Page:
No one knows you’re a dog on the internet (actually, they do!)
Contrary to the now famous New Yorker cartoon, people on the internet do know you’re a dog. Sort of. We’ve all heard of undercover police officers pretending to be children in online chat rooms as they attempt to identify pedophiles. The assumption behind this strategy is that an adult can successfully manipulate perceptions of their gender and age on the internet. That may be helpful for catching pedophiles, but as a general rule it appears likely untrue.
New research demonstrates that it is quite possible to discern the age and gender of someone posing as a child online. Researchers cite a 2007 case where an alleged pedophile identified in online sting operations said he knew all along he was talking to a middle-aged man rather than a teenage girl and so he was simply role-playing. A jury acquitted him.
For the study in today’s blog, researchers divided 46 undergraduate and graduate students ranging in age from 18 to 38 years of age into two groups with the intent to have them lie about their gender and age in internet chats with each other. One group was told to pretend to be a 13 year old girl in the internet chat of up to 30 minutes that followed. Following the chat, all participants estimated the age and gender of their unknown chat partner.
None of those pretending to be a 13 year old girl was successful in the ruse. No one even thought they were 16 years old or less. When questioned about how they determined their internet chat partner was not a young teenage girl–reasons were given that had to do with both style of communication (i.e., language used, emoticons used, syntax and colloquialisms) and content of communication (i.e., chatting about football teams, shopping or television shows).
So how, say the researchers, can covert operatives become better liars? Likely by learning the content information their gender and age would be likely to know (and reading magazines and watching TV shows those girls would watch). Even better, though researchers imagine the “middle aged men who are covert operatives” would complain, they could practice chatting with adolescent females to observe content and style first-hand. In other words, being an impostor is not a job for an amateur.
When it comes to litigation advocacy, there are likely two ways this study is potentially useful.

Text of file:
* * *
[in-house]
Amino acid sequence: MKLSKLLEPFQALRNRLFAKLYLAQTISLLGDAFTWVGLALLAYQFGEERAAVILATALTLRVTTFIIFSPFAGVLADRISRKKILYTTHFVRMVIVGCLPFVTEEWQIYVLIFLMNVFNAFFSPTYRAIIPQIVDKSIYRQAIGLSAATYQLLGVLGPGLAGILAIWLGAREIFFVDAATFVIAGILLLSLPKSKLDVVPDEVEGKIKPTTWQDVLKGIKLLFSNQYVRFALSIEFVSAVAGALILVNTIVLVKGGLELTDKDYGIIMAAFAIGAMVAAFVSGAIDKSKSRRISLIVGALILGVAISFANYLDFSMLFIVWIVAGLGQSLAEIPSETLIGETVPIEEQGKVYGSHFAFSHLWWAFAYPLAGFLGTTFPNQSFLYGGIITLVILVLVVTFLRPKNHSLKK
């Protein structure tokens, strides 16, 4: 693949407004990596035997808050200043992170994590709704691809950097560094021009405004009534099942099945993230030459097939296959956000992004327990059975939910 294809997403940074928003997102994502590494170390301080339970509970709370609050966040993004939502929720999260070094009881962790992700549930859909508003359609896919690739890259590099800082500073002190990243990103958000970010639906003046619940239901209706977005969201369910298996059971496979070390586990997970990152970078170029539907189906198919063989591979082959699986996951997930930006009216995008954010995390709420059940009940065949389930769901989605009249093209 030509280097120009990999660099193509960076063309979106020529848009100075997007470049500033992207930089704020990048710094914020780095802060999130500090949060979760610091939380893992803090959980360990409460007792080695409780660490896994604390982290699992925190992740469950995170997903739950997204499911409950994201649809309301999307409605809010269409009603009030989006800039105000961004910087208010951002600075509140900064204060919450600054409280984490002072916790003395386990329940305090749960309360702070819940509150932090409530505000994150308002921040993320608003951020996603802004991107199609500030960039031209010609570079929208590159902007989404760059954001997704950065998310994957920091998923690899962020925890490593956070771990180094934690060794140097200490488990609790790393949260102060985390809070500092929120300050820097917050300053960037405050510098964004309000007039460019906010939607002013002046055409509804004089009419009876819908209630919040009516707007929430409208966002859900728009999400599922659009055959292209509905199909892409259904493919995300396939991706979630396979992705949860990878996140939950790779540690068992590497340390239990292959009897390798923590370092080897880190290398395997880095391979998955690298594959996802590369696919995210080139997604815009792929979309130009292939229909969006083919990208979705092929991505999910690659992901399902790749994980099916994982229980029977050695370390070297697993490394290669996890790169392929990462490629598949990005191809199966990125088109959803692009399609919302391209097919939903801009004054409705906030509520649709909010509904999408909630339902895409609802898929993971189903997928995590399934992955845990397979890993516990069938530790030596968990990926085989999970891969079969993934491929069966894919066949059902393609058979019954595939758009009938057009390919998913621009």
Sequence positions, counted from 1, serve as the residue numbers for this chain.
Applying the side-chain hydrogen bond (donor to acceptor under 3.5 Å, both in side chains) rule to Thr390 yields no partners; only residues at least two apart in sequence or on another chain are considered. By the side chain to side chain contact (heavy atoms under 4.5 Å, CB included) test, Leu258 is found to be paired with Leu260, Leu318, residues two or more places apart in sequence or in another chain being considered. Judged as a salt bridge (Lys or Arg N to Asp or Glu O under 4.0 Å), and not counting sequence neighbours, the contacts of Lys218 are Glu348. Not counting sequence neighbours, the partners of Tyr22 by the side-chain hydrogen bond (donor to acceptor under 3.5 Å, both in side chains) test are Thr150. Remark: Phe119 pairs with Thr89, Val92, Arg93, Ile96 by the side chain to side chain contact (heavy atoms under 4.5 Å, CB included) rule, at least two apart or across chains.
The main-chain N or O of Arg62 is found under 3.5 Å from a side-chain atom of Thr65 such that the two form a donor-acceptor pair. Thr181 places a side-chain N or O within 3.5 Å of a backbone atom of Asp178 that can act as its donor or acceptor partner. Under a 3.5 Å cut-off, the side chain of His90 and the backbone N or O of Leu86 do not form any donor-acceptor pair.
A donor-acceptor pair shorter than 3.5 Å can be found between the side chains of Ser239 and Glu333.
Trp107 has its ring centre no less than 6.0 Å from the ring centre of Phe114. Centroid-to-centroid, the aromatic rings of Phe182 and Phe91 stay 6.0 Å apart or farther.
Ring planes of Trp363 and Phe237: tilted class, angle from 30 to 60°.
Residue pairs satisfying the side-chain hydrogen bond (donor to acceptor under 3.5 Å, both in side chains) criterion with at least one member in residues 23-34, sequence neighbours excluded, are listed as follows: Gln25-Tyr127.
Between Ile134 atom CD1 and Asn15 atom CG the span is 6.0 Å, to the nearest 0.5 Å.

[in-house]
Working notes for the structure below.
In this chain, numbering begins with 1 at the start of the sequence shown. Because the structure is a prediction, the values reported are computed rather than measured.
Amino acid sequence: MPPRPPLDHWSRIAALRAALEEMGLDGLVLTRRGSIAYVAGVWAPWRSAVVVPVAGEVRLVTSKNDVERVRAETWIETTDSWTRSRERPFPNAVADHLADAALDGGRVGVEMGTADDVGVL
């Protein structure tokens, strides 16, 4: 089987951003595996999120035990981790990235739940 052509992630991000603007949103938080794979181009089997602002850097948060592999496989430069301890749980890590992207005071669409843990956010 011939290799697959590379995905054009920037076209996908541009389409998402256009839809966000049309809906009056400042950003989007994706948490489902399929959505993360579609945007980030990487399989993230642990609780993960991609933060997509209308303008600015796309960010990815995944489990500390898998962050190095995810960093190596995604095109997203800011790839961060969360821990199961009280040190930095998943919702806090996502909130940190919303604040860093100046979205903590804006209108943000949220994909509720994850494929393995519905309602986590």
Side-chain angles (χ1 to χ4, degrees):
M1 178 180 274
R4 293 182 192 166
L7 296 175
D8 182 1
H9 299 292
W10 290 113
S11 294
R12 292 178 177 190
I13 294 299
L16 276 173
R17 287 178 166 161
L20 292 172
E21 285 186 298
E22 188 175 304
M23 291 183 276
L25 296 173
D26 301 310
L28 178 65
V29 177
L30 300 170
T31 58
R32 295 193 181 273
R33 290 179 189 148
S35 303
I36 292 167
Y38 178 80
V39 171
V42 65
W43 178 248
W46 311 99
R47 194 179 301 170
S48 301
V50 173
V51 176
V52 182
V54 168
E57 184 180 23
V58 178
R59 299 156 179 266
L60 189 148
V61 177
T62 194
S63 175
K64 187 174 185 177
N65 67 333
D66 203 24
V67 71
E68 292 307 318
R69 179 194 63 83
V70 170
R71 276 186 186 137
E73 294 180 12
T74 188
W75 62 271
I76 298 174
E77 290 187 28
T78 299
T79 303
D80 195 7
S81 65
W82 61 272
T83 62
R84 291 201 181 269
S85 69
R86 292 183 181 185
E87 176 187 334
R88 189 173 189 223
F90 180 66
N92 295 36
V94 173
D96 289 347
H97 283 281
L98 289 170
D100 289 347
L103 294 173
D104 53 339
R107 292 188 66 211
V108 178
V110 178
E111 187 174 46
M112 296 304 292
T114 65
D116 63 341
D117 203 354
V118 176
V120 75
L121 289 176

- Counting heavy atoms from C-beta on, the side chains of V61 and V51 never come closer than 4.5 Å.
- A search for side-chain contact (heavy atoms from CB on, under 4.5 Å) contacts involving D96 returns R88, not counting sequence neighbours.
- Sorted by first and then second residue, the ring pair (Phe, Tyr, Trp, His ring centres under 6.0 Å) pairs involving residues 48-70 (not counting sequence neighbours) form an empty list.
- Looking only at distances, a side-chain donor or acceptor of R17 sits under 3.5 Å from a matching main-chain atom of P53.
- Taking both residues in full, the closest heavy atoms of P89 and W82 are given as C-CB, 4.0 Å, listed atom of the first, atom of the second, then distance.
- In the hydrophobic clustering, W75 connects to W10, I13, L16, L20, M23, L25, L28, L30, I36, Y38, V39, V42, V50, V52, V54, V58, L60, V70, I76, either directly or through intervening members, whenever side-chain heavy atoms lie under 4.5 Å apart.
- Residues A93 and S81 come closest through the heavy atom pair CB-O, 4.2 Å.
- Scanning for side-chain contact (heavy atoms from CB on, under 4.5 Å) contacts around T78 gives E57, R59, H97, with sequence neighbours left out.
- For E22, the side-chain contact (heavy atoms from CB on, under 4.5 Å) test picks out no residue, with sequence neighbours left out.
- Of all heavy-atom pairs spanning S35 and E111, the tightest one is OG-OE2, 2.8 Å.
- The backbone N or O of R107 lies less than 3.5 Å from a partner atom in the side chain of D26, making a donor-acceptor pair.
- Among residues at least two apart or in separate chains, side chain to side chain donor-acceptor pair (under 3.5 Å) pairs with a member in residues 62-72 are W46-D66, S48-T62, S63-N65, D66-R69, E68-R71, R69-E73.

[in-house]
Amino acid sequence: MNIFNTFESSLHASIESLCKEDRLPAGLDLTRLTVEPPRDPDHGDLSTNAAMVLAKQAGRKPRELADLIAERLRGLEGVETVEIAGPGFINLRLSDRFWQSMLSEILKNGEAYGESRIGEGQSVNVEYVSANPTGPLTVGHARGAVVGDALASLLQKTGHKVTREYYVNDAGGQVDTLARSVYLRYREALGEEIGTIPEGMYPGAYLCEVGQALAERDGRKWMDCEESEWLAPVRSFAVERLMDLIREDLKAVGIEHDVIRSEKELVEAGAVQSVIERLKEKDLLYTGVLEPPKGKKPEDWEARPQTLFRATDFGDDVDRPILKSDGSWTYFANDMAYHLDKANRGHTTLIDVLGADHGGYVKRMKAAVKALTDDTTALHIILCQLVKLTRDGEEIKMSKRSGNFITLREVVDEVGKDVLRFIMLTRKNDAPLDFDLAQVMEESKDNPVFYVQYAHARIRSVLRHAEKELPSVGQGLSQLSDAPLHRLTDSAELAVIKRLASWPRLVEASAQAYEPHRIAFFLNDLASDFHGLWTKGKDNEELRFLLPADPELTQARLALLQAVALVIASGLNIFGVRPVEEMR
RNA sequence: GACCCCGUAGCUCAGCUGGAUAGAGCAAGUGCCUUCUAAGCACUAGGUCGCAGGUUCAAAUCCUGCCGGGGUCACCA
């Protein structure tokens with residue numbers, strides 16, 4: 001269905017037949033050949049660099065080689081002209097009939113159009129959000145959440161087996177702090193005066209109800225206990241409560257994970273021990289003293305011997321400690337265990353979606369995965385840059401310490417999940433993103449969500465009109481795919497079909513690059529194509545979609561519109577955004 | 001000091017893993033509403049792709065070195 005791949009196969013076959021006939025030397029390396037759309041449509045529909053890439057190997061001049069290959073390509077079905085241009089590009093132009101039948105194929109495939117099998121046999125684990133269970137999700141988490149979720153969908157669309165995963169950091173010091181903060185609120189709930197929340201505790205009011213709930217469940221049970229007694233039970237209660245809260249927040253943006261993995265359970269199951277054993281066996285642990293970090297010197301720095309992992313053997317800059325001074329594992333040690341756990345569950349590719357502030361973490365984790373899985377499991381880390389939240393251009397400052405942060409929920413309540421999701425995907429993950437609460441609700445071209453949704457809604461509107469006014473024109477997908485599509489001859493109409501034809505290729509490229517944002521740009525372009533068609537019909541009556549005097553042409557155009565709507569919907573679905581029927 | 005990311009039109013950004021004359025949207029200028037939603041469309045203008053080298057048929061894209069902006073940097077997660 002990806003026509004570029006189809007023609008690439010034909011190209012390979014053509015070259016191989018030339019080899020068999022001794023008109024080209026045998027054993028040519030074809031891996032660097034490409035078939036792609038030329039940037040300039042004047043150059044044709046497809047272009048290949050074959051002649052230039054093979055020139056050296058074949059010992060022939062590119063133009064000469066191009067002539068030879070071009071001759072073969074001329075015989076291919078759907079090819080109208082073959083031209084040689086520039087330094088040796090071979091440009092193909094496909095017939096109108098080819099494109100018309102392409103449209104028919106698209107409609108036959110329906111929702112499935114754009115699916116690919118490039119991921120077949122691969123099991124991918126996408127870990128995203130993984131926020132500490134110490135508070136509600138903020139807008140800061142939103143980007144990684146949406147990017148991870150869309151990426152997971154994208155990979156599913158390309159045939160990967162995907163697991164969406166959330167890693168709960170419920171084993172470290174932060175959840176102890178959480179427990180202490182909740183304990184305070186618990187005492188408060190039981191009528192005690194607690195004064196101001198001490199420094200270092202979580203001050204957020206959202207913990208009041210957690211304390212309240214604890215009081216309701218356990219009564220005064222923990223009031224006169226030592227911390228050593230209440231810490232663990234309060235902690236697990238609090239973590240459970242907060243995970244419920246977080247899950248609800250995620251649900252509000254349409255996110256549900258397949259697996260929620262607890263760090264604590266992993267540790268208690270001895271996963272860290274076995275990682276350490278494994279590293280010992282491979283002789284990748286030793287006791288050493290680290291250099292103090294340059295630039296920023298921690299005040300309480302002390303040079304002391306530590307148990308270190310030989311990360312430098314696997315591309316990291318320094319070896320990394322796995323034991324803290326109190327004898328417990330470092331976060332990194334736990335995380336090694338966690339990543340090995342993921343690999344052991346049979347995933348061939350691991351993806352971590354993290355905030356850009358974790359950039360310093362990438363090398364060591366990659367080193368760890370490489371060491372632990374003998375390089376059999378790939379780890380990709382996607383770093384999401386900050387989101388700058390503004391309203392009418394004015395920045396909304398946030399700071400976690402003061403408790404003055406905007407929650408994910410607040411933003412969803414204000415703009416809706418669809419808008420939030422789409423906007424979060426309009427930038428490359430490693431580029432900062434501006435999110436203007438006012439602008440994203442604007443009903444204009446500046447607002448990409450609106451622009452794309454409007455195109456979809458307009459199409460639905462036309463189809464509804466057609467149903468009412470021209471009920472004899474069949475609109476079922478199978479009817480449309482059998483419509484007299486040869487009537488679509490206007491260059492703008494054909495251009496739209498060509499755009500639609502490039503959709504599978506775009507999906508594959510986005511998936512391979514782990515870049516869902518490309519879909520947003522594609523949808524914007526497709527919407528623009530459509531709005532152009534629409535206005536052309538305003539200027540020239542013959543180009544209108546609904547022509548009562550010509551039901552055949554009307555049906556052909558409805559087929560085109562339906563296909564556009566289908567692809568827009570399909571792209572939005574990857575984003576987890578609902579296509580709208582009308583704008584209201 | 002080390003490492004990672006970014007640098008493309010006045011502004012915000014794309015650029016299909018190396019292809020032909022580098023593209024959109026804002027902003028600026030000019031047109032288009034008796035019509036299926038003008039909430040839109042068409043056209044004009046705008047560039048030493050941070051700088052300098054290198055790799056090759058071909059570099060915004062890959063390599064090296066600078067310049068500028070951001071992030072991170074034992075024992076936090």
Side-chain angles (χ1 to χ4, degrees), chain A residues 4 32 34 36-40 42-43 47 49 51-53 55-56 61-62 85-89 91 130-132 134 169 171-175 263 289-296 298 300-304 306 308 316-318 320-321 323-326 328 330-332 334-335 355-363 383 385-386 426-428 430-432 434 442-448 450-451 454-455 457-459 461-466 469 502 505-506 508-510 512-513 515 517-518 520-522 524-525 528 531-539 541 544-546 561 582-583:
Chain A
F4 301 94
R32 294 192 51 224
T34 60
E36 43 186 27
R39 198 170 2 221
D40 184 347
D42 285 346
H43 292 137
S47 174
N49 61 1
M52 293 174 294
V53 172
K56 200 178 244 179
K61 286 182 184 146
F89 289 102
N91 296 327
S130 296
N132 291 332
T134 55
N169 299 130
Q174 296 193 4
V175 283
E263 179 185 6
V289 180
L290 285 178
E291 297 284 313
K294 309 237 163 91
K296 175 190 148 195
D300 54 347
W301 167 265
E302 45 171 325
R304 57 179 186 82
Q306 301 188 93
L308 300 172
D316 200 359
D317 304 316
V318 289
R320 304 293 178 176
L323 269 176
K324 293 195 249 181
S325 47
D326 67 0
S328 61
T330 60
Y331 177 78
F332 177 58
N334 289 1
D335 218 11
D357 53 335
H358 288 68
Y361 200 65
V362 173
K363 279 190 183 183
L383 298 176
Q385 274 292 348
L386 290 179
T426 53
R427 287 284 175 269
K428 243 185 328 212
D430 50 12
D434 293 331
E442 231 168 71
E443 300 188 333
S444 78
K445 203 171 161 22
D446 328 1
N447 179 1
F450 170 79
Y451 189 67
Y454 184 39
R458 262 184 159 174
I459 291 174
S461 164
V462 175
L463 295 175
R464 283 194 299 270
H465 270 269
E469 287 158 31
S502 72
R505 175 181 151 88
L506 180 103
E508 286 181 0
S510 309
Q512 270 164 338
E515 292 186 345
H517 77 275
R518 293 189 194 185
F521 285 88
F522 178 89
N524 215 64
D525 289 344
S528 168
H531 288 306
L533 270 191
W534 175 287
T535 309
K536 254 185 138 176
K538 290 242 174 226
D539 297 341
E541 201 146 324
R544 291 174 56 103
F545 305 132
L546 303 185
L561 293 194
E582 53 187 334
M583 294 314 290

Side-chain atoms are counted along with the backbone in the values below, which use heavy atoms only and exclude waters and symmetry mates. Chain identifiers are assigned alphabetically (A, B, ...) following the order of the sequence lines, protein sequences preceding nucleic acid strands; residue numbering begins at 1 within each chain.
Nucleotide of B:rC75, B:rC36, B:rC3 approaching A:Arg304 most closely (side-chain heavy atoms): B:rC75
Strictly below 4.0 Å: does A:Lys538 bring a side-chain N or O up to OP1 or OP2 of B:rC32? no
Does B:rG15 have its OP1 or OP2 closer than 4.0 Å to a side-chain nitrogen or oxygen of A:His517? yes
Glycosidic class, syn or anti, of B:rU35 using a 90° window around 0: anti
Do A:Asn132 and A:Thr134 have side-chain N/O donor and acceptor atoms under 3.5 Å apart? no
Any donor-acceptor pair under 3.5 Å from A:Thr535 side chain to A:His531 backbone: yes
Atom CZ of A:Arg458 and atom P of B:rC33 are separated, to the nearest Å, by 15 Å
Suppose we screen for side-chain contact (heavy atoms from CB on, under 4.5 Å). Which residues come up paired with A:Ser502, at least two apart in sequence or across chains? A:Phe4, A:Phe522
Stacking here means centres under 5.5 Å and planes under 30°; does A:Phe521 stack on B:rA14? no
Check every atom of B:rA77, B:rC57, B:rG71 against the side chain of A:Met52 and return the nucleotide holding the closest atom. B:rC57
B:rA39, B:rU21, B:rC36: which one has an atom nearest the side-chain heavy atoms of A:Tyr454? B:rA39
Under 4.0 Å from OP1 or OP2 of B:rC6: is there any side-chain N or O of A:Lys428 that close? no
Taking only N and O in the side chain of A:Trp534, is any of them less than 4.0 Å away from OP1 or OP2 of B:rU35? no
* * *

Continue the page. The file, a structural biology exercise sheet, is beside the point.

First, if you are actually prosecuting someone caught in an internet sting operation–this research would say it’s a good defense for them to say they knew the ‘teenage girl’ with whom they were chatting was in reality, a balding, 45 year old man. This research says we simply are pretty good at intuiting gender and age of our chat partners (or we are not very good at pretending to be what we have not been for years or even ever). Conversely, if you are attempting to prosecute pedophiles through the use of internet chat-room impostors, you might want to assess the credibility of their ‘skills’ by validating their effectiveness in a blind study, to avoid the defense that resulted in the acquittal in 2007.
Second, it reminds us of a way to teach jurors about increasing their likelihood of identifying deception. Tell them to use more than one source of information. Not only the apparent credibility of the speaker (which is often linked to likability), but what does s/he say, how does s/he say it, and does the language used seem to fit the person speaking?
Generally speaking, we are not that good at identifying deception. While we have given you some ways to identify a psychopathic killer, in general, it simply isn’t that easy. But seemingly irrelevant research, like improving covert operatives performance in internet chat rooms, can often give you ideas for helping jurors ‘see’ deception more effectively than they might on their own.
Lincoln, R., & Coyle, IR (2012). No-one knows you’re a dog on the internet: Implications for proactive police investigation of sexual offenders. Psychiatry, Psychology and Law.
Image taken by Rita Handrich